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Thinking About Buying a Second Home?

Posted Friday, May 27, 2011

The strongest motivator when we buy houses is stability and the real estate market knows this. When we buy houses for other reasons, the odds are, unfortunately, a little stacked against us. Making the choice, given adequate financial stability and proper planning, to purchase a second home requires that a prospective purchaser take the time to understand exactly how the market changes in respect to their previous home purchase. The obstacles available for a second home buyer, while not immense, are real, and require that they be understood.

The first and largest obstacle to overcome is quit simply, income. Maintaining adequate cash flow and reserves is vital to being able to purchase a second home. Always be prepared before you even walk into the lender's office to pay at least 32% of the home's principle payment up front, while some lender's require only 20% to begin a mortgage, others require more, and 32% has been shown to be the median initial payment. Once you're capable of paying this amount, it is a good idea to speak to your loan officer and discuss possible monthly payments, in order to facilitate the opening of a savings account that will be used in the case of emergencies. This savings account should allow for a 6 month cushion on mortgage payments, insurance, and the like, in case any issue should arise and payments cannot be made. Consider it an escrow against losing your second home.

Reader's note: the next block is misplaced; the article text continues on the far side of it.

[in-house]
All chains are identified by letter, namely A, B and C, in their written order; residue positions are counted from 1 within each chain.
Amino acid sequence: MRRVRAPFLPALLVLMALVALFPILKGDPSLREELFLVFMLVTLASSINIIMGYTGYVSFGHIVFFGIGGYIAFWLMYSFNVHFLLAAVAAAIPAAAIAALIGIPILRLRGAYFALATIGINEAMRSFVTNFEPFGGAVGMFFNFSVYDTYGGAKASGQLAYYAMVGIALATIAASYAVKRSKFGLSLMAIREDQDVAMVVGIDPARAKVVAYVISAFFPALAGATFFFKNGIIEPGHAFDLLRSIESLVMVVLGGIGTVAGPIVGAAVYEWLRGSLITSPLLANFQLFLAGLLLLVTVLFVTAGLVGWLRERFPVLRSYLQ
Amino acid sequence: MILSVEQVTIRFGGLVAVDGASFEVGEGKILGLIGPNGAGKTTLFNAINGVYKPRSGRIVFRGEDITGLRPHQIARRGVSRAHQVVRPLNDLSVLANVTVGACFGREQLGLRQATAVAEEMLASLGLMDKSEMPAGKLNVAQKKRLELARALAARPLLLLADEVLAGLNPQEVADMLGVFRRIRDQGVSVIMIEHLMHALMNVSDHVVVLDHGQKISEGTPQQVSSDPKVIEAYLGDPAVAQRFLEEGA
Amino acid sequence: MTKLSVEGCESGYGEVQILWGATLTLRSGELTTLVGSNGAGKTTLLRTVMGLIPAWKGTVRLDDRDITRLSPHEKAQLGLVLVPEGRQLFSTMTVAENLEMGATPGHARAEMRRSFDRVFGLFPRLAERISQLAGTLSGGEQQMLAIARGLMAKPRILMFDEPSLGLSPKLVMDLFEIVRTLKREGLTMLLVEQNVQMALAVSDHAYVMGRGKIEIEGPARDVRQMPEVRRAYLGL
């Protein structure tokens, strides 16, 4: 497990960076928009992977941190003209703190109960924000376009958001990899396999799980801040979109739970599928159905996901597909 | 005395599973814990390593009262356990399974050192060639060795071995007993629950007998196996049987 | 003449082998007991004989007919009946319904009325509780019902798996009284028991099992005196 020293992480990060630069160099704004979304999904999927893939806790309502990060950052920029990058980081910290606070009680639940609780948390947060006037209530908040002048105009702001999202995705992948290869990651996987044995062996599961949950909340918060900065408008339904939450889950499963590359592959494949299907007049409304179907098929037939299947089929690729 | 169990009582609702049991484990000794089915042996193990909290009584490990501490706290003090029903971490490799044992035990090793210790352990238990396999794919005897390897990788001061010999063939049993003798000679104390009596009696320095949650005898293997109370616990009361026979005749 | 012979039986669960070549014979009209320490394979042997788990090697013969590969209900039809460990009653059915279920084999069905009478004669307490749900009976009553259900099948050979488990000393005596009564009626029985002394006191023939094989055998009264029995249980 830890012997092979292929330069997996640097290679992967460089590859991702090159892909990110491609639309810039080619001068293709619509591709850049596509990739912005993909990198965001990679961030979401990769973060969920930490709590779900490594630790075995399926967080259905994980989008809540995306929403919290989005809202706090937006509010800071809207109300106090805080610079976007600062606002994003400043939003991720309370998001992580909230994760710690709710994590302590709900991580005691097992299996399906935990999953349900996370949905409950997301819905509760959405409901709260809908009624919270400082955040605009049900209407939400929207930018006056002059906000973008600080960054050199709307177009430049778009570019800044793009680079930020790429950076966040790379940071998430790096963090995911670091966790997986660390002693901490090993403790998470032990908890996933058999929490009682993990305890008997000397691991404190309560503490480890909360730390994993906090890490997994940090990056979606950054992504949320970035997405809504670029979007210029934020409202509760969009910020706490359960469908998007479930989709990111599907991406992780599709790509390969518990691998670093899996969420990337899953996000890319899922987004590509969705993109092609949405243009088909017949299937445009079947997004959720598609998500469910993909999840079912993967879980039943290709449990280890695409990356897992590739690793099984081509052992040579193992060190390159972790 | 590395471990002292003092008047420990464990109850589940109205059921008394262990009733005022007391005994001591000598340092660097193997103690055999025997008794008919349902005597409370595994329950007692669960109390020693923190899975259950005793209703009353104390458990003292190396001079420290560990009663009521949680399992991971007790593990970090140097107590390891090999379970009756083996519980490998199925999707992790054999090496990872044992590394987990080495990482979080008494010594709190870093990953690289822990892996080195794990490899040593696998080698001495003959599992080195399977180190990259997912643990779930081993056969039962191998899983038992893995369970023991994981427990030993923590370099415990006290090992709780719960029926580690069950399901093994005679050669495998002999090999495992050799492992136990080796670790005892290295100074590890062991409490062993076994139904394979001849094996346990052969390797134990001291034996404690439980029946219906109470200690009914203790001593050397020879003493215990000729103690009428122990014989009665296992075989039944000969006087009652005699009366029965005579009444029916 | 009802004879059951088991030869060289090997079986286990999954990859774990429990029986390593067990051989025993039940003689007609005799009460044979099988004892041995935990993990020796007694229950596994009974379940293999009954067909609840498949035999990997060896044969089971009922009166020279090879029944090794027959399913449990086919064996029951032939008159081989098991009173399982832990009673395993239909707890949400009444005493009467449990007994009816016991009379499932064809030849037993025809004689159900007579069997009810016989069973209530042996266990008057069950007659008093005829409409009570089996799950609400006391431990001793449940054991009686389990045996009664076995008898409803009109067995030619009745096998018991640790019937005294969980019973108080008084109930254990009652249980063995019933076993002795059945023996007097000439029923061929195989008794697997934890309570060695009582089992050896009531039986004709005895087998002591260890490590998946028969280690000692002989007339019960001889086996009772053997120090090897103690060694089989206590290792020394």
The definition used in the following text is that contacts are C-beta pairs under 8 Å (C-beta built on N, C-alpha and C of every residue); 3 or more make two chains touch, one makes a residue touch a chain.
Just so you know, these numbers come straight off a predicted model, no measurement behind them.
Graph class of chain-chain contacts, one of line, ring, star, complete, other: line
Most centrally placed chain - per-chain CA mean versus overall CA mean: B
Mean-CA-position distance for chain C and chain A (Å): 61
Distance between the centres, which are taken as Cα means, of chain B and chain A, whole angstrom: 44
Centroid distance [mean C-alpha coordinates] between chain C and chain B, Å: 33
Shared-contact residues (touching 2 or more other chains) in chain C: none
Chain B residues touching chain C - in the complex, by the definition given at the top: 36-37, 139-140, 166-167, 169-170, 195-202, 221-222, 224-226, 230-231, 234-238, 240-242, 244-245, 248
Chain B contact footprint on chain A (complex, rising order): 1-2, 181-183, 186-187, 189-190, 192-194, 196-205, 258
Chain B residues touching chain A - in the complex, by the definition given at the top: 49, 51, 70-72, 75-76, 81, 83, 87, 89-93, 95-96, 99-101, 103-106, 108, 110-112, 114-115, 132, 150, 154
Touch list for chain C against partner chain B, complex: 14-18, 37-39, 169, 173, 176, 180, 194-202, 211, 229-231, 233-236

Maintaining adequate cash is impossible, however, if one also choose to maintain high amounts of debt. Debt should be as clear as possible before a second home should be attempted, if for no other reason than it reduces the chances that a lender will process a second mortgage. A good rule of thumb is to calculate all current monthly payments in a yearly amount, to make sure that debts are not any higher than 36% of current income. If they are, then clear some debt before saving for the down payment and emergency fund.

Lastly, a quick review of perils to avoid when buying a second home. Be sure to never borrow against the equity of your primary residence, as, even with an emergency fund, any failure to maintain payments would lead to the loss of both homes. Borrowing against equity also displays a need for increased cash flow, which should be the first thing accomplished. Finally, be sure to continue to maintain debt below the 36% threshold. Borrowing over this amount can easily lead to a lack of necessary funds when any emergency comes up, or insurance premiums rise.